++.  Anything we can learn + apply from Outreachy (and their own community
of mentors, alums, and practitioners!) would be wonderful.
Their impact per unit of funding seems, at very casual inspection, well
ahead of all comparable initiatives.  And we could even fund them directly,
who have often helped us in turn. ;)

On Fri, Aug 18, 2023 at 12:13 AM Erik Moeller <eloque...@gmail.com> wrote:

> On Wed, Aug 16, 2023 at 10:23 PM Steven Walling
> <steven.wall...@gmail.com> wrote:
> > With the money allocated to Knowledge Equity in the last couple years,
> we could have hired
> > at least a couple more software engineers to do work like fulfill
> community wishlist requests.
> I disagree with that framing. Wikimedia Foundation, even with reduced
> fundraising goals, is a very well-endowed organization that can easily
> shift more of its existing effort towards community wishlist requests.
> _All_ areas in which it spends money are deserving of healthy
> scrutiny, not just this new program. I feel it's best to evaluate this
> program on its own merits -- and to make a separate argument regarding
> the community wishlist & prioritization of software engineering
> ventures.
> To me, the question with these grants is whether there's a plausible
> theory of change that ties them back to the Wikimedia mission and
> movement. I share some skepticism about broad objectives around
> "improving quality of sources about X" without any _obvious and
> direct_ connection to the movement's work (i.e. concrete commitments
> about licensing and availability of information, or collaboration with
> Wikimedians). The Borealis Journalism Fund grant report [1] explicitly
> states:
> # of new images/media added to Wikimedia articles/pages: 0
> # of articles added or improved on Wikimedia projects: 0
> Absolute value of bytes added to or deleted from Wikimedia projects: 0
> (There are qualifiers in the report, but frankly, they're not very
> plausible ones.)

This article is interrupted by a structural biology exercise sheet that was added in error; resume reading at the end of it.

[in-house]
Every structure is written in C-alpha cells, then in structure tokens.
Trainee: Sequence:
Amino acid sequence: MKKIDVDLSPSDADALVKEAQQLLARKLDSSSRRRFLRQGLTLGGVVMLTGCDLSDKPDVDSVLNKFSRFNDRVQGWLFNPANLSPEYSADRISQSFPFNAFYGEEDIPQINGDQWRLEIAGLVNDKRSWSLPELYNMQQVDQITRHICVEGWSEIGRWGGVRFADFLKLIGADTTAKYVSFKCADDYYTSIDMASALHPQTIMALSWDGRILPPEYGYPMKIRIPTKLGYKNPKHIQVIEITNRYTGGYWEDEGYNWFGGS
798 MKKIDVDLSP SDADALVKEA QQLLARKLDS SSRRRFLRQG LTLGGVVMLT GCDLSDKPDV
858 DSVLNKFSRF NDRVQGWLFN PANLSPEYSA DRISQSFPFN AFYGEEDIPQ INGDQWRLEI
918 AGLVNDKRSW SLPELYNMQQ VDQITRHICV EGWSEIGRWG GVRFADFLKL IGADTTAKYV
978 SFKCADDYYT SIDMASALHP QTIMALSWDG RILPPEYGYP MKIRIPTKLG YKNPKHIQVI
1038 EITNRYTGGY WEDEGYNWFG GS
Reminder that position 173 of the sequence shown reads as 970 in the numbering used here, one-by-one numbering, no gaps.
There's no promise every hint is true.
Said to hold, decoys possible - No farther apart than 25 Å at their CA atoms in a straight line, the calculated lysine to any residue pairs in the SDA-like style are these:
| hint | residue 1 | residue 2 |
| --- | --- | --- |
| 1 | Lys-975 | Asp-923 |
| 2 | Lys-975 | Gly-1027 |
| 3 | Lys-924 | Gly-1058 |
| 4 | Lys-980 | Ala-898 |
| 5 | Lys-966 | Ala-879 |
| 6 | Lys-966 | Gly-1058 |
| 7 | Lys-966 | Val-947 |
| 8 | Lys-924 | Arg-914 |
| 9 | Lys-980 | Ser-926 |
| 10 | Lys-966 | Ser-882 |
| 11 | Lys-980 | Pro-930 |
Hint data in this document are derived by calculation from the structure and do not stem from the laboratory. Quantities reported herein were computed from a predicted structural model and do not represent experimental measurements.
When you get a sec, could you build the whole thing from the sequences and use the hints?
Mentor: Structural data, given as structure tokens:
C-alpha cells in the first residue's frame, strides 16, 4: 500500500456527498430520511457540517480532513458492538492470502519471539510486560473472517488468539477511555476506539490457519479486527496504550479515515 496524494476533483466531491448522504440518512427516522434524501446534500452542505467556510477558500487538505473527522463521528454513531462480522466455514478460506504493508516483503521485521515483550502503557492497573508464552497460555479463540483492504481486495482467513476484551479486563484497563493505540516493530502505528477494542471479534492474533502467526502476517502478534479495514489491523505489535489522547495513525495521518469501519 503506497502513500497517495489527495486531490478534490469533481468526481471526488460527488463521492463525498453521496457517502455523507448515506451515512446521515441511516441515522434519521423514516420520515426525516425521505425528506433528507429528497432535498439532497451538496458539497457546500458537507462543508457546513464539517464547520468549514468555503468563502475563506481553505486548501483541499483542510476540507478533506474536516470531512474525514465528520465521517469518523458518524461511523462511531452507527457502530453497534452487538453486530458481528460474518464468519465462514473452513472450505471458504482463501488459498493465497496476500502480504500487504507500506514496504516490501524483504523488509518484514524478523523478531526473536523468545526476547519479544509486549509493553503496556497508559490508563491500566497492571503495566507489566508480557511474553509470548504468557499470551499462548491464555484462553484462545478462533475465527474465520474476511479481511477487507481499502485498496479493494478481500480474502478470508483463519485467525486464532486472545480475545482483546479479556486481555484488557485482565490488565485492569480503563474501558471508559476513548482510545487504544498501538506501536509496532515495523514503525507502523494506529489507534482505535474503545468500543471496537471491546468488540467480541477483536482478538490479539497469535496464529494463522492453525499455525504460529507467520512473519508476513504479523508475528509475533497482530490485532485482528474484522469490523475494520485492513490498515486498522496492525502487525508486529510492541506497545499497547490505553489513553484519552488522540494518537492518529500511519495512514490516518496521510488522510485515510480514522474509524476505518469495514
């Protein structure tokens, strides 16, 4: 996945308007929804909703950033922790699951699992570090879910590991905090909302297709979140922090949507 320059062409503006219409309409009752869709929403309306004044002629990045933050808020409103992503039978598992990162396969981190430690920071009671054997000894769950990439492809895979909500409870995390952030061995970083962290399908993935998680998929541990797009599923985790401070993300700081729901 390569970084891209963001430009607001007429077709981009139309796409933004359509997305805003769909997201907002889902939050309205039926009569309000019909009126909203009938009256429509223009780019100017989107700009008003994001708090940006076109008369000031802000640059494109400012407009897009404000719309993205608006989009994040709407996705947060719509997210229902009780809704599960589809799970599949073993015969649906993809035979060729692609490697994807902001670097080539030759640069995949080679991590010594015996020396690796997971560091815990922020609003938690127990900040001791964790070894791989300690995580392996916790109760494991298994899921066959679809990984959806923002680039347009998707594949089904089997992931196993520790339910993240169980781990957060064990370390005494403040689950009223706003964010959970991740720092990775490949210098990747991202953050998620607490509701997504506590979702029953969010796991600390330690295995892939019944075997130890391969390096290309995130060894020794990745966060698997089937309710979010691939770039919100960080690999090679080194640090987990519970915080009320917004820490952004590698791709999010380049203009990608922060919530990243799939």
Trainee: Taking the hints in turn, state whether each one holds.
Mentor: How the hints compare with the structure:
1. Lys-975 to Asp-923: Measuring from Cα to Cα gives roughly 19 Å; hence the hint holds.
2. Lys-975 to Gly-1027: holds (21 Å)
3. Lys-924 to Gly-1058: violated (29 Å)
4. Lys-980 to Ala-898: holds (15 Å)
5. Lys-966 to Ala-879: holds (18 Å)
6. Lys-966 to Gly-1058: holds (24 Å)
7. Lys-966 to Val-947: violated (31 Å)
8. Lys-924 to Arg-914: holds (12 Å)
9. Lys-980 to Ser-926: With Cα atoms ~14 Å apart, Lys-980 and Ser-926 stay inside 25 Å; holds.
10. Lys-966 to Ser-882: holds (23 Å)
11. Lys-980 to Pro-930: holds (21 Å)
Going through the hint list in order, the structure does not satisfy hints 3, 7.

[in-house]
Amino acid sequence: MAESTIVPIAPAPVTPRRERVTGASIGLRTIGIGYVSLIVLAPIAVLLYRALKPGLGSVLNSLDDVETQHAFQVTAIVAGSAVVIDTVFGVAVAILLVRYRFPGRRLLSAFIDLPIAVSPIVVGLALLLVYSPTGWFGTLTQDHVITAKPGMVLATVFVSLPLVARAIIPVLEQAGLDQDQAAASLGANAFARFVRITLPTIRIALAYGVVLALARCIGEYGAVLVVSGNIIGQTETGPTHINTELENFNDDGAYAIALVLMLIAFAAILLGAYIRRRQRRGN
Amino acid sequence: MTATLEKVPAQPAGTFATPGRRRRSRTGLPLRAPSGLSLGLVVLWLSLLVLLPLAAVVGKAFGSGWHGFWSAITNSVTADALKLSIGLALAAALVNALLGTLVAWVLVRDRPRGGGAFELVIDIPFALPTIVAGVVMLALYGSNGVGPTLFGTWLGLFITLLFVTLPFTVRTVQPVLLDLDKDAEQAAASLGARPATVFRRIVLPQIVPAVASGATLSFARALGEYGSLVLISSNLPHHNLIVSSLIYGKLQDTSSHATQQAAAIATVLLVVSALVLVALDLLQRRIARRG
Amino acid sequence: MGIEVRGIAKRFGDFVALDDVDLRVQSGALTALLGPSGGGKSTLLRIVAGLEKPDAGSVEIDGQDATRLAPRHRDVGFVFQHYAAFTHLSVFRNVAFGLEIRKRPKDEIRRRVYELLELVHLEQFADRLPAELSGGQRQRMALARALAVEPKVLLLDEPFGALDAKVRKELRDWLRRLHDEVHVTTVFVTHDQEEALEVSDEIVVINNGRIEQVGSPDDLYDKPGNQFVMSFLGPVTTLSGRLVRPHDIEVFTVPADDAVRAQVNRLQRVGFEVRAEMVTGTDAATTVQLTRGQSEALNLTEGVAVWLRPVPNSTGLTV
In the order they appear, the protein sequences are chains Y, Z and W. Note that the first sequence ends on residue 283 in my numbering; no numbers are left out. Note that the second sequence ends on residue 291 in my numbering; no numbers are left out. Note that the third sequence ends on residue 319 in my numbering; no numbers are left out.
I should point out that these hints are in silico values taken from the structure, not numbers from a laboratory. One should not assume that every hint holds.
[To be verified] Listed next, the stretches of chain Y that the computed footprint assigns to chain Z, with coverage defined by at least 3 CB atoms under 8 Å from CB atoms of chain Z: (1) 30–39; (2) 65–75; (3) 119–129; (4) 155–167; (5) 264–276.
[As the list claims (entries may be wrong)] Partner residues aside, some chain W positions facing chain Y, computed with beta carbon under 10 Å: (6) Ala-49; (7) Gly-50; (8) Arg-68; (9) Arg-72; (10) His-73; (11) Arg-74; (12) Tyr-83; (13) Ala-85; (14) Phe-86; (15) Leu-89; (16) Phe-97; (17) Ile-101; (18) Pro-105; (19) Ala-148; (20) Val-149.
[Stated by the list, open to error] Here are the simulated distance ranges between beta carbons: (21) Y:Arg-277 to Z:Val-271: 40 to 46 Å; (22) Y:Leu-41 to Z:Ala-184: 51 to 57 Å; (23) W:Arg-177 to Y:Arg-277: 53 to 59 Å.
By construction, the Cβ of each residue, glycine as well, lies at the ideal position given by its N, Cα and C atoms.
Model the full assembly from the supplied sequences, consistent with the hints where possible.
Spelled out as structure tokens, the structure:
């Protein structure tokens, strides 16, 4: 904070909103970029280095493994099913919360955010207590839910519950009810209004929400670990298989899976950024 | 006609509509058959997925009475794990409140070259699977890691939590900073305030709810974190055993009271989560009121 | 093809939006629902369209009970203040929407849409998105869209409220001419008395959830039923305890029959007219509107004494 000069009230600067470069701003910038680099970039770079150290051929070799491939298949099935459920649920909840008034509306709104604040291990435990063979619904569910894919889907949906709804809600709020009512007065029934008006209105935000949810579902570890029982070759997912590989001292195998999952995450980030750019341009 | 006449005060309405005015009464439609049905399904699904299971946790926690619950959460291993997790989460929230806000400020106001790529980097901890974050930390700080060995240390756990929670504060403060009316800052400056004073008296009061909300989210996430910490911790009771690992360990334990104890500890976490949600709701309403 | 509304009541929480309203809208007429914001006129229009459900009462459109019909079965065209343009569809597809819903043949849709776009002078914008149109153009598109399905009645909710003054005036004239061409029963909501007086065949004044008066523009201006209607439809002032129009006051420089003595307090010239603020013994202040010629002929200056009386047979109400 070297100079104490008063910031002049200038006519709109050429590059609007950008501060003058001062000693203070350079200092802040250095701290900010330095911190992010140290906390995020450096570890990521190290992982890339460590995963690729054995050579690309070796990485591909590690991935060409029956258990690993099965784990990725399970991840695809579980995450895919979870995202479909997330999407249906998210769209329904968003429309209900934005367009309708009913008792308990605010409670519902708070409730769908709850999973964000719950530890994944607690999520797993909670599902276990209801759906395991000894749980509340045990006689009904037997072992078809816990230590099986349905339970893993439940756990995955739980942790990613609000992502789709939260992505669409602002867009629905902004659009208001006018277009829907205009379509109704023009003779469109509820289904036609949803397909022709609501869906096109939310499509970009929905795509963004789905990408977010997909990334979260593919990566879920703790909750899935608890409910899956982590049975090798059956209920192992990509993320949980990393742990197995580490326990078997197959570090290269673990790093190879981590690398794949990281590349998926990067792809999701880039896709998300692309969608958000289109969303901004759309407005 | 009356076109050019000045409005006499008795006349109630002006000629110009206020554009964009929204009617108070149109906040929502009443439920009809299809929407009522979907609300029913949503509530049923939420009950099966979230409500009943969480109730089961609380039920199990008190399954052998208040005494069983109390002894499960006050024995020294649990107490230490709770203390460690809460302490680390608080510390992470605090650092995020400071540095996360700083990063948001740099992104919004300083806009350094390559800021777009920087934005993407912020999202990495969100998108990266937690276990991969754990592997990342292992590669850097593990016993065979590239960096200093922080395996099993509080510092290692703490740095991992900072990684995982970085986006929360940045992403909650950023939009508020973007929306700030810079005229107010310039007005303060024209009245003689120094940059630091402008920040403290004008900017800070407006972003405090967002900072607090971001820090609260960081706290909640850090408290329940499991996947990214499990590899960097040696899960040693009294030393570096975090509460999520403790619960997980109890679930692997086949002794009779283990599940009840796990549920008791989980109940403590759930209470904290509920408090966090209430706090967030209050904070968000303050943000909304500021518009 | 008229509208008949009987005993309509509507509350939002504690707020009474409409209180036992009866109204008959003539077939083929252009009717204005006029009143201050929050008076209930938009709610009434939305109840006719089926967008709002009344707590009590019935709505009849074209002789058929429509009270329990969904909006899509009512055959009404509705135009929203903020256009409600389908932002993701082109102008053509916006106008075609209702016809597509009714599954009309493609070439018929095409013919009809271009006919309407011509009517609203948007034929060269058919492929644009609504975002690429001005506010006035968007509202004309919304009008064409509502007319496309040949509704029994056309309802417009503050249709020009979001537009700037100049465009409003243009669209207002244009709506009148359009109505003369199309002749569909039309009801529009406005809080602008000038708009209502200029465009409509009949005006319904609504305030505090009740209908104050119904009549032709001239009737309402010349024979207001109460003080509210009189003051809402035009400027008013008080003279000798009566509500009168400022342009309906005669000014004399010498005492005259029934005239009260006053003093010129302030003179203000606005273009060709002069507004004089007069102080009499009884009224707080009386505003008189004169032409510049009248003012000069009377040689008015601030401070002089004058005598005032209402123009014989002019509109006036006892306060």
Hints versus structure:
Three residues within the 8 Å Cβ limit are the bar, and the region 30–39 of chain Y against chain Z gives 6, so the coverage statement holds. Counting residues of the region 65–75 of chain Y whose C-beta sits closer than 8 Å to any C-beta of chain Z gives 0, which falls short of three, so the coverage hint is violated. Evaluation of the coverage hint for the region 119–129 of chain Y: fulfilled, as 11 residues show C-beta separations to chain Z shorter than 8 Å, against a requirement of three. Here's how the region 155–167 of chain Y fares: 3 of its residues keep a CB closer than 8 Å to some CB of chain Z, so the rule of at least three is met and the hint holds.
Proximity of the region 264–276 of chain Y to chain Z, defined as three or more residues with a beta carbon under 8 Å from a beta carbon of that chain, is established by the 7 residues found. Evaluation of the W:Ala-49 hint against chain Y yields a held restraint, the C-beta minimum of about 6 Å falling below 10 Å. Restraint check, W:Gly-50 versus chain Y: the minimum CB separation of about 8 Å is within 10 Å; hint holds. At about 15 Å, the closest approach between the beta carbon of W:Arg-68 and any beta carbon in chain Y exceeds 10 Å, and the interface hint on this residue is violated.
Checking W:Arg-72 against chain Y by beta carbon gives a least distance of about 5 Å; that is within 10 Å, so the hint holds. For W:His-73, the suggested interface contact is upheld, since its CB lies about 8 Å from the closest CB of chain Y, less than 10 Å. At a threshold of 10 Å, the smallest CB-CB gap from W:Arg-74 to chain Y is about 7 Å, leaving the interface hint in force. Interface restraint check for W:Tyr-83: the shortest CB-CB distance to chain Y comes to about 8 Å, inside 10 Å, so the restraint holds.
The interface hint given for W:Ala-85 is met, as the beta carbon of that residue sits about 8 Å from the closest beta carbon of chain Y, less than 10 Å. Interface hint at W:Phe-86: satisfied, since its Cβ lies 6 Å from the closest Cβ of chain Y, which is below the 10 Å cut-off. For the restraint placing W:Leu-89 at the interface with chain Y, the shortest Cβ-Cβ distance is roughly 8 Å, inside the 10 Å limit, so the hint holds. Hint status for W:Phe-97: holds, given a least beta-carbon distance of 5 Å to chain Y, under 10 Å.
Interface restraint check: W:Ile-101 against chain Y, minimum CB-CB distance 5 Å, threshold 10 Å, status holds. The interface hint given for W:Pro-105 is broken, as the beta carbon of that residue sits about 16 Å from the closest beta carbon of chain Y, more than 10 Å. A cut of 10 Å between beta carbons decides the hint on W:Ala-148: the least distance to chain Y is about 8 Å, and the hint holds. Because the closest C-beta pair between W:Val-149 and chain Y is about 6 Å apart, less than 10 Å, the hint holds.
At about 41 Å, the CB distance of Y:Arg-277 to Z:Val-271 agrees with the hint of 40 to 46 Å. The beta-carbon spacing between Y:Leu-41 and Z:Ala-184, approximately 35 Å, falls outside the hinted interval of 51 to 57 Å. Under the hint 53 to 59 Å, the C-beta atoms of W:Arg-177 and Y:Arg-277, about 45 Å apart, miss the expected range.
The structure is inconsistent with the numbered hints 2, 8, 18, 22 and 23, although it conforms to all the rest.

> I see a lot of value in WMF having new connections with these grantees
> -- these are organizations Wikimedia _should_ have a relationship
> with. But do we best accomplish that by directly funding their
> operations? This statement from the latest announcement stands out to
> me:
> > The Equity Fund Committee [...] have also connected each of these
> grantees with regional
> > and relevant partners in the Wikimedia movement, including local and
> established
> > movement affiliates who can support knowledge equity work and help
> grantees learn about
> > how to connect back to the work of free knowledge on the Wikimedia
> projects.
> That's great, and I look forward to hearing what comes from these
> connections. I do worry a bit about slipping into a transactional
> framework -- "we give you support for your core mission, and to
> maintain good relations with us, you have some meetings with friendly
> Wikimedians in your area". Many grant-giving organizations tend to
> adopt transactional frameworks, sometimes overtly, sometimes without
> even realizing it. In the worst case, the grantee experiences it as a
> chore -- a checklist item to complete to apply for the next round of
> funding. Not saying that's where this program is at, just that it's
> something I would suggest watching out for.
> Personally, I see potential in the direction of well-scoped
> fellowships/residencies/internships paid by WMF, where both parties
> understand fully that engagement with the Wikimedia movement is part
> of what they're signing up for. There are pitfalls here as well:
> avoiding paid editing; making sure that the fellows themselves are
> diverse, etc. But these issues seem "closer to the metal" of
> Wikimedia's work, i.e. "the right kinds of of problems".
> There's a lot of institutional history to look back on & learn from,
> from GLAM residencies to WMF's internal fellowship program which you,
> Steven, went through so many years ago. I'd also encourage a close
> look at Outreachy, who have done amazing work getting diverse new
> contributors to join open source & open science projects. And that may
> be what you mean with "try less controversial methods to improve
> knowledge equity", but I feel this should be entirely about
> effectiveness and mission alignment, not about avoiding controversy.
> In general, I'd love to hear more from both the staff and community
> members on the committee how they came to their funding decisions
> (i.e. what set the successful grantees apart from the unsuccessful
> ones, and what theory of change animated the decisions), and where
> they'd like to see the program go in future.
> Warmly,
> Erik
> [1]
> https://upload.wikimedia.org/wikipedia/commons/1/16/Knowledge_Equity_Fund_%28Round_1%29_-_Borealis_philanthropy_report.pdf
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Samuel Klein          @metasj           w:user:sj          +1 617 529 4266
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